A democratic victory here would be difficult, however. Steel easily prevailed here at 63:25 in 2018, and although Joe Biden won all of the Board of Supervisors’ districts, his 50:48 win in second place makes him the reddest of the five. However, the procedure for this special election is different from that for regular Board of Supervisor races, adding additional unpredictability to the competition.
Although officially still impartial, there is no second round of voting among the top two eligible voters. The candidate who wins multiple votes will hold that seat until the next regular election in 2022. This is a complicated factor for both parties trying to consolidate five candidates around a single candidate in this area.
The Orange County’s Democratic Party has approved Costa Mesa Mayor Katrina Foley. Foley also has the support of numerous elected officials, including all of the Democratic members of the Orange County Congressional Delegation and Supervisor Doug Chaffee, the sole Democratic board member. Attorney Janet Rappaport is the other Democratic nominee in the running, but she has received no significant endorsements and has only raised $ 25,000 by the end of February.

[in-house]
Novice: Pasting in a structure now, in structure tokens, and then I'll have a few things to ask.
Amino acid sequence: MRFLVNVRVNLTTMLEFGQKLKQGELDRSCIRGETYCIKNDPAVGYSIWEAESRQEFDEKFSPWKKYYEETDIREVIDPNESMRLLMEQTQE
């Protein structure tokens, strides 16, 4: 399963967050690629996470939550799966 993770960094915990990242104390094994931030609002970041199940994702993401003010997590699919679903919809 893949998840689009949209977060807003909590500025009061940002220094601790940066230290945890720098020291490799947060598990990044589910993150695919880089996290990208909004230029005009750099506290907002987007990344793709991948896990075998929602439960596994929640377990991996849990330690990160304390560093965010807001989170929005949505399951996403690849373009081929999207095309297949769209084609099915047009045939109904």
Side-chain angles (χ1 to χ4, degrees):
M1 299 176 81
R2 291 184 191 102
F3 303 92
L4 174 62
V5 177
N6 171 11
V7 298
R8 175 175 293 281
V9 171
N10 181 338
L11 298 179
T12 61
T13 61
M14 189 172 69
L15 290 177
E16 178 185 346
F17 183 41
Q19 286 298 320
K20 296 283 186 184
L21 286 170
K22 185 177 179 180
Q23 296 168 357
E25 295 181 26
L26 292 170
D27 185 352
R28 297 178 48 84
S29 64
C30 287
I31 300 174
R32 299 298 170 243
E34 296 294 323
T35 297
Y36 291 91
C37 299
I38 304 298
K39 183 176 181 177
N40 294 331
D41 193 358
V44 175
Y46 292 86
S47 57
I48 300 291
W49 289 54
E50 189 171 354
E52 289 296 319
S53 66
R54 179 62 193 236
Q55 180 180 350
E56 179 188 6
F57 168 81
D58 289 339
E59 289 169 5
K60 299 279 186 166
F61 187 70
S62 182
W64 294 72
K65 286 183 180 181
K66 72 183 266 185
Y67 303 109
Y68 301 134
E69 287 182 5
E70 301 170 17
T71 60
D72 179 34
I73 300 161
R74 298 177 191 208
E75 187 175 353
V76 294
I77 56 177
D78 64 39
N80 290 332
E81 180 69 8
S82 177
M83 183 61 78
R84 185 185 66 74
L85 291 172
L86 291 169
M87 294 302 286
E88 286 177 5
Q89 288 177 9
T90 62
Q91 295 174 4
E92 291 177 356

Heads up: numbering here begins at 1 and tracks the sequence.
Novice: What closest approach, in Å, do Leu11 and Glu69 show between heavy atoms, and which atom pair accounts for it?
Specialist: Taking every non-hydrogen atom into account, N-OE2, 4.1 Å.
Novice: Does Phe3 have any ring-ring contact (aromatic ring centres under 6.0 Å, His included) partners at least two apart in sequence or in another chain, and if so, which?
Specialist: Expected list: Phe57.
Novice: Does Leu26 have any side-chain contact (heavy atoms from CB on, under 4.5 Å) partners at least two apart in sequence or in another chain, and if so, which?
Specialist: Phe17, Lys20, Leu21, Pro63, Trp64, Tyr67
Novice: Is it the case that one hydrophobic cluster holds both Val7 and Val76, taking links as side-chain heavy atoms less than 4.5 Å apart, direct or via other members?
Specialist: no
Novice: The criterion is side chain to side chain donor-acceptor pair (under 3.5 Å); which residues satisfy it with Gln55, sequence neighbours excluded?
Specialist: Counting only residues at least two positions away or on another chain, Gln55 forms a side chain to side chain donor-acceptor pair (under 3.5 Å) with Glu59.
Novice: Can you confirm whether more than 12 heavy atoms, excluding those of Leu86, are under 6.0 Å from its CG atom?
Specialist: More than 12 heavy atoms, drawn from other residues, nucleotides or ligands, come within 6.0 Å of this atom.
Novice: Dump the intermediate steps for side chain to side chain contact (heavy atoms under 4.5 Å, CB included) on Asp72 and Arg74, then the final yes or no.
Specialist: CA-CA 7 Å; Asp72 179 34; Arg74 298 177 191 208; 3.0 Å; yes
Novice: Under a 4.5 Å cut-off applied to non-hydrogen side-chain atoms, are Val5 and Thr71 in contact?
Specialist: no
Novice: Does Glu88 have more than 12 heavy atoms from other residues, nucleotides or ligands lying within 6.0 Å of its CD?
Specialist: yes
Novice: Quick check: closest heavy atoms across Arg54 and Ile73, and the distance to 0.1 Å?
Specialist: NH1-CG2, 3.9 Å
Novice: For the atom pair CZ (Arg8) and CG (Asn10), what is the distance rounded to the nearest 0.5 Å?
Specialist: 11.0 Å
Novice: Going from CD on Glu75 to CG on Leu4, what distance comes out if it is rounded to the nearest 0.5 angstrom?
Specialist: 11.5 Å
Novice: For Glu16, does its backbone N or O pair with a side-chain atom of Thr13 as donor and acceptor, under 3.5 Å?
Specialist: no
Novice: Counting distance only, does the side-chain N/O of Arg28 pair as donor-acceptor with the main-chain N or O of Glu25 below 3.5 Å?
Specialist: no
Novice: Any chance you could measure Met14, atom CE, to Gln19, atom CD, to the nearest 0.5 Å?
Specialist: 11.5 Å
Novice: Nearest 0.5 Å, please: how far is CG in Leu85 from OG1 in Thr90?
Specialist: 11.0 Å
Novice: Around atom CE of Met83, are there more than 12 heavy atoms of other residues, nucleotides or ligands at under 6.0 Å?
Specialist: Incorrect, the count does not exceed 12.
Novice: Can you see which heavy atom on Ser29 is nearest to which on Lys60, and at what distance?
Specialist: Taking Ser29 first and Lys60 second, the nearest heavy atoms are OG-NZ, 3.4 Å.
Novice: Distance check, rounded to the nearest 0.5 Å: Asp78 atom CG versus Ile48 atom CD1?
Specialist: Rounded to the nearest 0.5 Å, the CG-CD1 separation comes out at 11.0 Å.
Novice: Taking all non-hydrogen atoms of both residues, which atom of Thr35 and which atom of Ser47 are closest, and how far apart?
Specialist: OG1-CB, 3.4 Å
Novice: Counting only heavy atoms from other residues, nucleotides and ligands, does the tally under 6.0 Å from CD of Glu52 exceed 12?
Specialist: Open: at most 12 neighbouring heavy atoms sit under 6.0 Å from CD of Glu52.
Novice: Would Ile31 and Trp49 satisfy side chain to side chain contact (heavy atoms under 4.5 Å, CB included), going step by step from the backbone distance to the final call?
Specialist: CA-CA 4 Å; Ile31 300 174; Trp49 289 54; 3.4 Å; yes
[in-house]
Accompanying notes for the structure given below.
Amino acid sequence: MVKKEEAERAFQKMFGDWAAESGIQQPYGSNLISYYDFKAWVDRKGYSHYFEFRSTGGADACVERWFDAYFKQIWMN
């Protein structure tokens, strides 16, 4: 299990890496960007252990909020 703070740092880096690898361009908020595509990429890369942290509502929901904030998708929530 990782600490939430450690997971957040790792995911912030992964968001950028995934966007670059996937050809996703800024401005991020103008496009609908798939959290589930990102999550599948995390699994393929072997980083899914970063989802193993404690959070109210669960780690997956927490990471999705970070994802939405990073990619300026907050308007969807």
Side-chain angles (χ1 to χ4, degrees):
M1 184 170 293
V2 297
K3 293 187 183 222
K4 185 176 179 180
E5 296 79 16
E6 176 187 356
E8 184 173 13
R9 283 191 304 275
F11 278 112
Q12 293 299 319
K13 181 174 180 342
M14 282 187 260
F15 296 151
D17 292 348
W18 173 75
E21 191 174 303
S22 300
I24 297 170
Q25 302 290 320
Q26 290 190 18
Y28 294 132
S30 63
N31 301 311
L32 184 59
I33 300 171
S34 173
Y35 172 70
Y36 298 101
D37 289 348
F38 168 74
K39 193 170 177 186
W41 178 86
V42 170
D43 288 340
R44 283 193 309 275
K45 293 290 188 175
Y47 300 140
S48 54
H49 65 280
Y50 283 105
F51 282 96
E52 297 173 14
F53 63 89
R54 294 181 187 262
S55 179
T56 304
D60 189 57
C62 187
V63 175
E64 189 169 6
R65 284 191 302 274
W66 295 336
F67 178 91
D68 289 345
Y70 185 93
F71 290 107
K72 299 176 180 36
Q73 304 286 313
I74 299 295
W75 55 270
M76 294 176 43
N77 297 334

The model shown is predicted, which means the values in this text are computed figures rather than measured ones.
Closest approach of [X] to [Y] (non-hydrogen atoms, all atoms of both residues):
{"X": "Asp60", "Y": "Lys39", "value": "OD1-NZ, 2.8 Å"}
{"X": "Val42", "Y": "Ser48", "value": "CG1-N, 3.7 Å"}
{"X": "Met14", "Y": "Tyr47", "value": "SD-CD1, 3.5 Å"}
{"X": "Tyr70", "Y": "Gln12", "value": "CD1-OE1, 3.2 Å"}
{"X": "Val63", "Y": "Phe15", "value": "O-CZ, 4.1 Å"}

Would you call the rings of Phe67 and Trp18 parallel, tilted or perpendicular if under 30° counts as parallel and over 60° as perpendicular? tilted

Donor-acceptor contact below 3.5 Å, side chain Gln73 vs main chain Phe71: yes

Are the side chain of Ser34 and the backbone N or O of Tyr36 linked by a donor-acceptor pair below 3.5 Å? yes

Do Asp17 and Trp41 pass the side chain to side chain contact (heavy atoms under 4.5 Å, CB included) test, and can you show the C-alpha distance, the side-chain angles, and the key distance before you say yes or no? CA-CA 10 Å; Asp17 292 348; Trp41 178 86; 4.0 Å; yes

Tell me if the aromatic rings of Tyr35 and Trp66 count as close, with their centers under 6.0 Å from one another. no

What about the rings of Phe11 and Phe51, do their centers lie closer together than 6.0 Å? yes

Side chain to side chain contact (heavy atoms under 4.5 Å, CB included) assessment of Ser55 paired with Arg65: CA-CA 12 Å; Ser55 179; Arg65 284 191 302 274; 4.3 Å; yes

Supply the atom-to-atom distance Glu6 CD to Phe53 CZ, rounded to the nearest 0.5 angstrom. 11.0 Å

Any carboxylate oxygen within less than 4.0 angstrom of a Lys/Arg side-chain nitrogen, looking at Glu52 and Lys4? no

However, Democrats could benefit from an even more fragmented GOP field, with three candidates running and disagreement among party leaders. The district’s GOP and Lisa Bartlett supervisory authority support former Senator John Moorlach, who previously represented this seat on the board until he was elected to the legislature in 2015. (Last year, Moorlach narrowly lost his re-election to the Senate.)
Moorlach hardly has all major conservative interest groups on his side, however, as the union that represents Orange County Sheriff’s MPs has spent $ 240,000 against him: The Voice of OC writes that this is “the first time in recent times “The group has spoken out against is a candidate supported by the district’s GOP.
The other two Republican candidates, Kevin Muldoon, Councilor of Newport Beach and Michael Vo, Mayor of Fountain Valley, have also raised significant amounts of money and received referrals from board members. Muldoon has the support of supervisor Don Wagner while his colleague Andrew Do has decided to hand out notes for both Muldoon and Vo.
The coronavirus pandemic emerged as the main problem during this campaign. Communities in the district like Newport Beach and Huntington Beach were hotspots for protests and backlashes against California’s coronavirus restrictions last year, and Wagner even attended one of the rallies. While none of the GOP candidates took such an extreme stance, Muldoon remained focused on reopening the economy, and Moorlach described some protective measures against the virus as “an incredible overreaction”.